It’s been 16 years since BMW announced that its last attempt at a cruiser – the R1200C – was being discontinued. At the time the firm promised it would come back to cruisers one day and while it’s taken longer than anyone expected there’s no denying that the new R18 is a vastly more convincing machine than its long-deceased predecessor.
In fact, while the bike is clearly a cruiser in terms of its spec, BMW is drawing heavily on its own heritage to make a bike that should appeal to a wider market than any Harley-Davidson clone could hope for. Where the old R1200C was a mess of liberally-applied chrome and mismatched cruiser clichés, the R18 is a comparatively understated machine that lets its massive proportions do the talking rather than trying to grab attention with shiny baubles.
The result is a bike that is as likely to steal Triumph Bonneville customers as it is to sway Harley or Indian buyers.
The R18’s centrepiece is, of course, its engine. The 1802cc air and oil-cooled power unit is the biggest boxer twin ever to go into a bike and mixes old and new technology.
The air cooling and pushrod-operated overhead valves might seem anchored in a world that disappeared several decades ago, but they’re actually ideal for this application. The engine’s massive width would be increased even further if BMW used overhead camshafts, and since high revs and massive peak power aren’t its targets, they’d offer no advantage over pushrods and rockers.
Despite the old fashioned way of operating them, there are still four valves per cylinder and two camshafts, which allow the pushrods to be shorter. There are four spark plugs, too – a pair for each cylinder to help ensure consistent combustion across their vast piston area.
With a 107.1mm bore and 100mm stroke, the engine is slightly over-square, but it’s still a low-revving slugger that redlines at just 5750rpm. Not that you’d need to go that far, since peak power of 91hp arrives 1000rpm before then. Instead the engine will encourage you to ride a tsunami of torque, peaking at 116.5lbft at just 3000rpm and staying above 110.6lbft all the way from 2000rpm and 4000rpm.
A hefty flywheel should add to the feeling of torque, which it transmits to a six-speed transmission that drives the rear wheel via a stylish exposed drive shaft. An electrically-driven reverse gear will be an optional extra, and given the bike’s hefty 345kg mass it’s probably a sensible one to tick unless you’re after a workout whenever wheeling the bike around the garage.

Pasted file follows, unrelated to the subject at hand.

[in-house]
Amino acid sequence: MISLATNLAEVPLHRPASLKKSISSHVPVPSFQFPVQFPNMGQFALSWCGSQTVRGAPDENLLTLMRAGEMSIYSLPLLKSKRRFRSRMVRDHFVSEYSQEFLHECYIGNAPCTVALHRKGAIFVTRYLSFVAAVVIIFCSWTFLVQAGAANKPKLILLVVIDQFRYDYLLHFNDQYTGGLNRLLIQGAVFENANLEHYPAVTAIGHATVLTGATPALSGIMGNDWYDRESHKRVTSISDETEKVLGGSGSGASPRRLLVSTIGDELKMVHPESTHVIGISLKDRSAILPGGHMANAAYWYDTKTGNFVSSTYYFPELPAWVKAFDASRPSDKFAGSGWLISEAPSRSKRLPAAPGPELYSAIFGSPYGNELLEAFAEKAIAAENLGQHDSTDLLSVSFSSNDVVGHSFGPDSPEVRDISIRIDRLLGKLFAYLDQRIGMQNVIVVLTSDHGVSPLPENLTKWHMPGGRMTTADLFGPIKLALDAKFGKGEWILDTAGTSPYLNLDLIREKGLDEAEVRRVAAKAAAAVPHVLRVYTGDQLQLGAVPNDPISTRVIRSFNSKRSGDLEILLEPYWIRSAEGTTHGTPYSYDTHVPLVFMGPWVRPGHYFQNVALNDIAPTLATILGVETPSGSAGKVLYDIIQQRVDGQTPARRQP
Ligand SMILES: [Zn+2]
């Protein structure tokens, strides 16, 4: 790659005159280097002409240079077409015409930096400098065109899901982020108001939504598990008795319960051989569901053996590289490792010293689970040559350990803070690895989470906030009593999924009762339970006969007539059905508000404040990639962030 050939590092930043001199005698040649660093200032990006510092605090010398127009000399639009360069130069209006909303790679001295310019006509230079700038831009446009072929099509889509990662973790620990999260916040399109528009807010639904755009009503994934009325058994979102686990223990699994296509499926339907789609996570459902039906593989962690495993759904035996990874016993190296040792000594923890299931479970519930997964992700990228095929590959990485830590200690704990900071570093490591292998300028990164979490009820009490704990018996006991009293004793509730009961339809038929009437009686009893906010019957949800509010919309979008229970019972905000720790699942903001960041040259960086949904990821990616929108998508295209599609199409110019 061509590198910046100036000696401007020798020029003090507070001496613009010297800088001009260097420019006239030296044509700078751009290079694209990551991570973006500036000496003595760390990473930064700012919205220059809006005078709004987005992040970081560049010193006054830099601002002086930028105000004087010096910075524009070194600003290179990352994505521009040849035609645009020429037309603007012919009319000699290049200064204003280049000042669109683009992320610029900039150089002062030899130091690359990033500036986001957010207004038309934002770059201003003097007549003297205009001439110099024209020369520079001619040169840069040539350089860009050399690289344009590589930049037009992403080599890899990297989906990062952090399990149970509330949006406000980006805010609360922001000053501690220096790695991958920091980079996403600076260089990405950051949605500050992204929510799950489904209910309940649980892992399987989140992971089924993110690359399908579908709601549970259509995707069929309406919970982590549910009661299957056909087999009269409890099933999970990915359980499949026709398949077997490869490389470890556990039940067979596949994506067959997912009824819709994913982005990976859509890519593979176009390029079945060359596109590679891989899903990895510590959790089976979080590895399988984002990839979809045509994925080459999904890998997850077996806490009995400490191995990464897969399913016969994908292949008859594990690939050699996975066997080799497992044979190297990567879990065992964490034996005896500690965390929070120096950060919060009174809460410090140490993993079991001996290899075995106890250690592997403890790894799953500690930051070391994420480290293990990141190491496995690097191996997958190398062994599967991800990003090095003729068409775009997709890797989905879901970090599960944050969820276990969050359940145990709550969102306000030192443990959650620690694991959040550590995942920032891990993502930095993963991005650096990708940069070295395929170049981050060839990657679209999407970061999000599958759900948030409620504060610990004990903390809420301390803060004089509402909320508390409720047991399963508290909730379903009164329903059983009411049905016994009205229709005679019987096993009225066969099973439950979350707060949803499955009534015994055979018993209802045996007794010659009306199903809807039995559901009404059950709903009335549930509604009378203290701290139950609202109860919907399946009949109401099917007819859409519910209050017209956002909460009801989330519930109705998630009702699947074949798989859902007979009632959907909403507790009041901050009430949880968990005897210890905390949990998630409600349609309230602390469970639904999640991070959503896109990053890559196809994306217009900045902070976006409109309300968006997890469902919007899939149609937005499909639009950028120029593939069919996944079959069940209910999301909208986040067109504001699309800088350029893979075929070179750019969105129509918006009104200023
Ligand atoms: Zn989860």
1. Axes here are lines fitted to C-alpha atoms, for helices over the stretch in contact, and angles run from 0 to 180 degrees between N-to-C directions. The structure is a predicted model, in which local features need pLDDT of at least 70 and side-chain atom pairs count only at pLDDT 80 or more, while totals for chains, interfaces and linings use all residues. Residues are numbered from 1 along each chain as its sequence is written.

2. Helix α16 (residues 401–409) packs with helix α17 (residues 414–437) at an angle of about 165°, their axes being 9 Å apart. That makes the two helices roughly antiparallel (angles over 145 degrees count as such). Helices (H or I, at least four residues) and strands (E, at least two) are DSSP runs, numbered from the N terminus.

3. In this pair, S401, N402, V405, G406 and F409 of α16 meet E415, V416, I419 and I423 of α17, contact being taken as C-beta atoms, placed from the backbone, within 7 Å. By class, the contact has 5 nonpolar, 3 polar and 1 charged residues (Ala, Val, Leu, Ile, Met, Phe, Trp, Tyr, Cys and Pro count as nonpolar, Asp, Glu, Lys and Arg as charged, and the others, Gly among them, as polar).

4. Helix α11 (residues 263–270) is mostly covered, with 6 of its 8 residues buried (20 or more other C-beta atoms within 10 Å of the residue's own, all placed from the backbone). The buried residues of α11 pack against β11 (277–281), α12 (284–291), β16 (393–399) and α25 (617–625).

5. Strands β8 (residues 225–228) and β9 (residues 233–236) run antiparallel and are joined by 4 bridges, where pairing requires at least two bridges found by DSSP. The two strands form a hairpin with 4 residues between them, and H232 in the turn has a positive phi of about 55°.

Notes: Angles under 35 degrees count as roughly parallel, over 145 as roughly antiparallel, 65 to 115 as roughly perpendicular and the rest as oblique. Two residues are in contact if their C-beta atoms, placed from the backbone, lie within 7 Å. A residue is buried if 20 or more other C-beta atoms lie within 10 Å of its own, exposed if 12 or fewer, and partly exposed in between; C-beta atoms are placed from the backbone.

The frame follows the likes of Harley’s Softail and Triumph’s Bonneville Bobber in using a hidden rear shock and a tubular structure that’s designed to look like an old-style hardtail chassis.
The shock actually hides behind the bike’s side panels, and lies almost horizontally between the upper rear frame rails, just under the rider’s seat. BMW has opted not to add gizmos like electronic adjustment, so instead there’s just a preload setting to play with. The 90mm of rear suspension travel is actually more than you might imagine from the look of the design, and promises a decently luxurious ride. Up front, the forks have 49mm tubes and offer 120mm of travel.
As standard, the R18 gets wire spoked wheels – 19in at the front clad in a 120/70 tyre and 16in at the rear with 180/65 rubber – but as we’ll see there are plenty of alternative options.
On the electronics side, BMW has given the R18 LED lighting and there’s an optional cornering headlight that changes its beam depending on lean angle. Keyless ignition is standard, as are three riding modes, which are cringingly titled ‘rain’, ‘rock’ and ‘roll’. ‘Rain’ is self-explanatory and softens throttle response while increasing traction control and the bike’s ‘MSR’ engine drag control to stop the rear wheel locking on a closed throttle. ‘Rock’ is for spirited riding, with sharp response and dialled-back traction control, while ‘roll’ is a middle setting.
Hill Start Control is an option, holding the bike’s weight on slopes at a touch of the front or rear brake until you’re ready to pull away.
The simple-looking instrument display combines an analogue speedo with hidden warning lamps that can’t be seen until they light up. A small digital element shows the selected riding mode, gear position and a choice of other data like outside temperature and on-board computer readouts.
As we’ve mentioned, BMW isn’t following the cruiser herd with the R18’s styling. The bike is relatively restrained in stock form and notably short on chrome. The proportions are inspired by BMW’s pre-war R5 model rather than traditional cruisers.